As for the Lewinsky affair, Kellerman writes (p 35) that "tolerance for moral fallibility, even if evident only behind closed doors, has been low." Really? Many American leaders (JFK, LBJ, and others) have had rather varied experiences behind closed doors. Some countries remain baffled by the American concern with our leaders' "moral fallibility." And is Confucius really the appropriate source to cite when discussing modern leaders and their morals? Why not a historian or political scientist?

On page 43, Kellerman refers to Martha Stewart's "charges stemming from insider trading," noting that Stewart can be "mean.
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Format: Hardcover
"Bad Leadership" lists 7 characteristics of bad leadership and gives examples of each. Some examples don't clearly reflect the bad quality being highlighted (e.g. the IOC chairman mentioned as incompetant seems more corrupt and insular). The 7-10 page descriptions of each bad leader are interesting, but rather than focusing on the leadership flaws/failings, the author merely gives a "Reader's Digest" summary of each leader.

However, the worst criticism I have for the book is its extreme redundancy. Every chapter describes the "bad followership" involved, which can be summarized as "Don't follow bad leaders". The author also spends many pages discussing how difficult it is writing such a book.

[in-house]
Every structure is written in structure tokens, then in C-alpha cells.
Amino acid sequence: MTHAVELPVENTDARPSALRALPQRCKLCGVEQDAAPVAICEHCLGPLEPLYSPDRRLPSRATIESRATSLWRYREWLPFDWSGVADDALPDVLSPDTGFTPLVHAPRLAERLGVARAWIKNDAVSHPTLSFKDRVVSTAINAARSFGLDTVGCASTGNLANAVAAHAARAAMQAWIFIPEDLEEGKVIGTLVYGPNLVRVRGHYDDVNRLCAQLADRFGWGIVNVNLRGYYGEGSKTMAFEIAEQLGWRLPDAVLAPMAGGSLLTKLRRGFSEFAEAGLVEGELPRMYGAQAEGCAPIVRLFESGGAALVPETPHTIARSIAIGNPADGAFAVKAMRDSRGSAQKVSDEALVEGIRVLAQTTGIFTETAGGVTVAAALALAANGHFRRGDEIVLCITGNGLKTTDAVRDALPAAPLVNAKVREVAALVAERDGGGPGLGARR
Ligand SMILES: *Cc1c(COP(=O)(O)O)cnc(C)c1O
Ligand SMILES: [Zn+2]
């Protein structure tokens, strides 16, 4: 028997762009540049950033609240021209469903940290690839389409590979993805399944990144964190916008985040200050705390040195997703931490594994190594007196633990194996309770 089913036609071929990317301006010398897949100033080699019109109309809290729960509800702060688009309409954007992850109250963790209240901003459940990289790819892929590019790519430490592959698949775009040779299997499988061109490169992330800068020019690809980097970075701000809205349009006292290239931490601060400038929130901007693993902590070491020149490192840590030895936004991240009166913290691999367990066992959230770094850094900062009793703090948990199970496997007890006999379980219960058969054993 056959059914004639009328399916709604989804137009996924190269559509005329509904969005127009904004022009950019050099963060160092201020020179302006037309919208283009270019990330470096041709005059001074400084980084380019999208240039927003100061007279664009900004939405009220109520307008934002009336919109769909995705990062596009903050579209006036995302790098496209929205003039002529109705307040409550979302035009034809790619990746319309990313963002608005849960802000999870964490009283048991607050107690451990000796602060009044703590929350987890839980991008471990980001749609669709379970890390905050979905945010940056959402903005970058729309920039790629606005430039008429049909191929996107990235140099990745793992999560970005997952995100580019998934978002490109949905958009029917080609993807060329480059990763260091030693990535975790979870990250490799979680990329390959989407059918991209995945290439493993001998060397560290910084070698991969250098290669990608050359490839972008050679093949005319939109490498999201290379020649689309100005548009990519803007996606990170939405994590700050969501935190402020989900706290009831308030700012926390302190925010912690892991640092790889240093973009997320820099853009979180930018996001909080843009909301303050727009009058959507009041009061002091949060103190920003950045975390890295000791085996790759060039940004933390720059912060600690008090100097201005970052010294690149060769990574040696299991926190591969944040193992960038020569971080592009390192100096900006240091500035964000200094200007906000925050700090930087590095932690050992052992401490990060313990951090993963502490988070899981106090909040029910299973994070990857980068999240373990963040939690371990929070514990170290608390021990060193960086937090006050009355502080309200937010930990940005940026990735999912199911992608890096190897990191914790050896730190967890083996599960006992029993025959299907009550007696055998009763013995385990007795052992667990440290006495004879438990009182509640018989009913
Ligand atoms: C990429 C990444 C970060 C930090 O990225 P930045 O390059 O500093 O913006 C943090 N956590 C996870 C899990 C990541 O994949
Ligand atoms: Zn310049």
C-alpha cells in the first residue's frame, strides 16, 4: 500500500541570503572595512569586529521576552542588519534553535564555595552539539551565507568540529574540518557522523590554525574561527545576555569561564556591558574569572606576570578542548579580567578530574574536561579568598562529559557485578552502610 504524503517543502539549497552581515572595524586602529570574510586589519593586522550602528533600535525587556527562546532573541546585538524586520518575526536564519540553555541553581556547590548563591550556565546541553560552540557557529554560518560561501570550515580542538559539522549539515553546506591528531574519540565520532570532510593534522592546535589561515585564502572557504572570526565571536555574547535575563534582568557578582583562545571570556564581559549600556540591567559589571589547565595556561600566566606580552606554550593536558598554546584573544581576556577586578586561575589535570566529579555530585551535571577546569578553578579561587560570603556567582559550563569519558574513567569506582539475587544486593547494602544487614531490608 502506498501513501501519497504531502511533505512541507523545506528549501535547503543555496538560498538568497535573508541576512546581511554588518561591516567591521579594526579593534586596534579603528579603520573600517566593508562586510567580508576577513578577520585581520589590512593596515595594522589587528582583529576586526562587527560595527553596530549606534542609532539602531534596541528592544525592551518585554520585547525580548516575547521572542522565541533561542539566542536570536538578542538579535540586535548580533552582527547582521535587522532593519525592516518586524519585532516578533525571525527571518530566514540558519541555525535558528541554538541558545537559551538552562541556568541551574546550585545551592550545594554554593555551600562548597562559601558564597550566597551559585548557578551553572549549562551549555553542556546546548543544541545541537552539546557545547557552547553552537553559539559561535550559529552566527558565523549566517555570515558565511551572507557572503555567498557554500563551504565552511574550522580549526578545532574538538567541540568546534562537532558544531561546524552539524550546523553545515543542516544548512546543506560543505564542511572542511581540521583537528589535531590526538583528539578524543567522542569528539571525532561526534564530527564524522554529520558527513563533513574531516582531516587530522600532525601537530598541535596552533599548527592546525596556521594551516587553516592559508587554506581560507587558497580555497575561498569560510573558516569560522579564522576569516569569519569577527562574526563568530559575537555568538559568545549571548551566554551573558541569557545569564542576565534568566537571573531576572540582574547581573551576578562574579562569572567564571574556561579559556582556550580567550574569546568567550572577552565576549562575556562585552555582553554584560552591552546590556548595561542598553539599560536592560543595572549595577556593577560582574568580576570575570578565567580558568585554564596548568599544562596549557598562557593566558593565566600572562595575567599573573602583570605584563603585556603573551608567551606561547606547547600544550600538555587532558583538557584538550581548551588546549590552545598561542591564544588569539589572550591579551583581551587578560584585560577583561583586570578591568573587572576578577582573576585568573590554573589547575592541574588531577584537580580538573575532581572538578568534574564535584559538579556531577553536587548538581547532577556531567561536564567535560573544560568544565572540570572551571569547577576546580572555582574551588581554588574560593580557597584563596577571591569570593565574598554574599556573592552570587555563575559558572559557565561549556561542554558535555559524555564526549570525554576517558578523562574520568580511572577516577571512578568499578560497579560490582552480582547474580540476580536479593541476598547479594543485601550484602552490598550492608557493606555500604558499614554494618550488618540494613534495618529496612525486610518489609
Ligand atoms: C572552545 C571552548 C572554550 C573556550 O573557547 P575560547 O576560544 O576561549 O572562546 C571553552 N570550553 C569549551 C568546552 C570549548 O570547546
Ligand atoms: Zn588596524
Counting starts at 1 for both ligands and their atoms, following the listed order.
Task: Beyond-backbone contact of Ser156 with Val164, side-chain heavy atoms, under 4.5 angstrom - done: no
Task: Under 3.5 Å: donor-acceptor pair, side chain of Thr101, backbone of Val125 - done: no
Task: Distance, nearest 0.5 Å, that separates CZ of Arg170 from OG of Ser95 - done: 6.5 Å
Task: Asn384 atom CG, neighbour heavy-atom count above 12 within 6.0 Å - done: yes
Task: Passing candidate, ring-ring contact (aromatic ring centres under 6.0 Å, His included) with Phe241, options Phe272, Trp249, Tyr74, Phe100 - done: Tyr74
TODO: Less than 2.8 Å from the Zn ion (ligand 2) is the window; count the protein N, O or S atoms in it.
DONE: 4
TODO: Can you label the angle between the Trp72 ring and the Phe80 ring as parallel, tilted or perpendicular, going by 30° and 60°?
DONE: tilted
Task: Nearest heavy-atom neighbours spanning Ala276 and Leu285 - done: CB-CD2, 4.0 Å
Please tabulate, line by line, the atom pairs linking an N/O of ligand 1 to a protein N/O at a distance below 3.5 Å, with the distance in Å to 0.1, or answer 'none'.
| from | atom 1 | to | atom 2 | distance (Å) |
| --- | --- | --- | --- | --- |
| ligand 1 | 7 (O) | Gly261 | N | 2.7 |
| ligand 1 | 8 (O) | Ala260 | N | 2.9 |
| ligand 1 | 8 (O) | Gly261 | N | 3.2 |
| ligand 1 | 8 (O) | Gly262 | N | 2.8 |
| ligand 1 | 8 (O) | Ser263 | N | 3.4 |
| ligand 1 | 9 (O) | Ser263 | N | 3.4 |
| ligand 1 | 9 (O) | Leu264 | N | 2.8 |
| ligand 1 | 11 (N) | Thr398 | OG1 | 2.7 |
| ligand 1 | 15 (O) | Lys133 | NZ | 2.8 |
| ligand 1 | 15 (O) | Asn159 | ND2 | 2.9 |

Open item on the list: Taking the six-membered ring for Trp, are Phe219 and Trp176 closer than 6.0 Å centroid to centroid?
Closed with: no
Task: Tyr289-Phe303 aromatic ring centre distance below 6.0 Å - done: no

I hope someone else writes a good book on bad leadership/bad followership, as I find this topic very intriguing. Unfortunately, there seems very little insightful thinking involved in this book, and the fact that this was allowed to be published in this state is a perfect example of "Bad Followership".
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Format: Hardcover Verified Purchase
I bought this book after hearing Kellerman give a lecture recorded on NPR. Her speech, based on her book Bad Leadership, was precise and purposeful. Not surprisingly, the book contains her precise language and her purpose, which is to show us how leadership, even when in the hands of well-intentioned people, can go wrong. She first argues that too many of us, inundanted with optimistic, often business-oriented books about leadership, assume, erroneously, that leadership is somehow synonymous with goodness and virtue. To the contrary, Kellerman argues, leadership goes wrong more often than not. In what appears to be a reverse pyramid from benign to malignant, Kellerman catalogs the seven deadly sins of leadership: 1. incompetence 2. rigidity 3. intemperance 4. callousness 5. corruption 6. insularity 7. evil.

She gives historical (Hitler) accounts and more contemporary (Rudolph Giuliani, Howell Raines) to illustrate her definitions of bad leadership.

She concludes by prescribing corrective measures. Her book is invaluable in that for us to fully grasp good leadership we must first comprehend its antithesis. A negative definition of leadership in all of its facets is a necessary nudge in the right direction.